Complications Of Traditional Circumcision Amongst Young Xhosa Males Seen At St. Lucy’s Hospital, Tsolo, Eastern Cape, South Africa

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Complications of Traditional Circumcision Amongst Young Xhosa Males Seen at St. Lucy’s Hospital, Tsolo, Eastern Cape, South Africa
Anike, U., Govender, I., Ndimande, J.V., Tumbo, J.
African Journal of Primary Healthcare and Family Medicine, Vol. 5, No. 1 (May, 2013).
Also available on AOSIS OpenJournals

Full Text (PDF): Complications of traditional circumcision amongst young Xhosa males seen at St Lucys Hospital, Tsolo, Eastern Cape, South Africa


Abstract:

Background: Traditional circumcision of males is common amongst many societies in sub-Saharan Africa. Circumcision amongst the Xhosa people of South Africa represents a rite of passage to manhood. Traditional male circumcision has an increased risk for complications that include sepsis, genital mutilation, gangrenous penis, excessive bleeding, dehydration, renal failure and death. The aim of this study was to describe the complications of traditional circumcisions amongst Xhosa men as seen at St. Lucy’s Hospital in the Eastern Cape Province.

Method: A cross-sectional descriptive quantitative study was conducted in 2008. Records of 105 malesadmitted to St. Lucy’s Hospital with complications following traditional circumcision were reviewed. Data collected included age, education level, race, reasons for circumcision, complications, the period of circumcision, duration of hospital stay and the outcomes. Descriptive data analysis was performed using statistical software SPSS 17.0.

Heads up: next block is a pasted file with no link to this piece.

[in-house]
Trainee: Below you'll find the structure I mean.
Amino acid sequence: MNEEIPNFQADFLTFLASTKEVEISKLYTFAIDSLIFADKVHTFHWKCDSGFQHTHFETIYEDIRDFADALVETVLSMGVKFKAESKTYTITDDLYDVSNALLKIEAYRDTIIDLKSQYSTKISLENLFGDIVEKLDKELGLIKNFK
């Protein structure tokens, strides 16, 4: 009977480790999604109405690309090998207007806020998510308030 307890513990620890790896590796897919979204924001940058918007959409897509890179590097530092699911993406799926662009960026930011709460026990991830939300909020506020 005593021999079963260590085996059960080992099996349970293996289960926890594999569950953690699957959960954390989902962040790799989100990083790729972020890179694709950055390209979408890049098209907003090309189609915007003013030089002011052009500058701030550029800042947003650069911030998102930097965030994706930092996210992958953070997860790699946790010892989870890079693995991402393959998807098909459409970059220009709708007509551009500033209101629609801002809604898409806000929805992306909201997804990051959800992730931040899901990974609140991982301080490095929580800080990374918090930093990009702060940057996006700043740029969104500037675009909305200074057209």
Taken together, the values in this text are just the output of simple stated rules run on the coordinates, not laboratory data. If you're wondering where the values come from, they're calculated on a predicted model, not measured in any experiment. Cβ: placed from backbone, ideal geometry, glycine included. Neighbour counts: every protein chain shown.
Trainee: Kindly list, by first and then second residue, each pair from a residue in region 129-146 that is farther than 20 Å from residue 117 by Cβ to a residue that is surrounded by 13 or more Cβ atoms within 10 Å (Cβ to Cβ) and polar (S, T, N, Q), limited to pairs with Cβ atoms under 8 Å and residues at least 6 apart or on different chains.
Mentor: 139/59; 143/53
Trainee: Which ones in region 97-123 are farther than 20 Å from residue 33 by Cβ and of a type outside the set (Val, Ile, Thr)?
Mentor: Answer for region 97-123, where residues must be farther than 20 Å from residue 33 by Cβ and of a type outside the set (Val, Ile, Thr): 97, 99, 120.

Results: The ages ranged from 15–35 years with 68 (64.8%) between 15–19 years. 83 (79%) had a secondary level of education, 16 (15.2%) primary, 5 (4.8%) tertiary and 1% had no education. 60 (57%) were circumcised as initiation to manhood, 21 (20.0%) due to peer pressure, 20 (19.0%) for cultural reasons, and 1(1.0%) was forced. The complications were sepsis (59 [56.2%]), genital mutilation (28 [26.7%]), dehydration (12 [11.4%]) and amputation of genitalia (6 [5.7%]). Fifty-nine (56.2%) patients were circumcised in winter. 79 (75.2%) were circumcised in the forest, and 25 (23.8%) in initiation centres. Fifty-eight (55.2%) were circumcised by traditionalists, and 47 (44.8%) by tribal elders (initiators). Hospital stays ranged from 8 to 28 days. 66% were healed and discharged, and 29 (27.6%) were referred to higher centres of care.

Conclusion: Genital sepsis was the most common complication of traditional male circumcision.Complications were related to the circumciser, advanced age of the patient and place of circumcision. There is need for training of the traditional circumcisers on safe techniques and use of hygienic practices in order to reduce the complications identified in this study.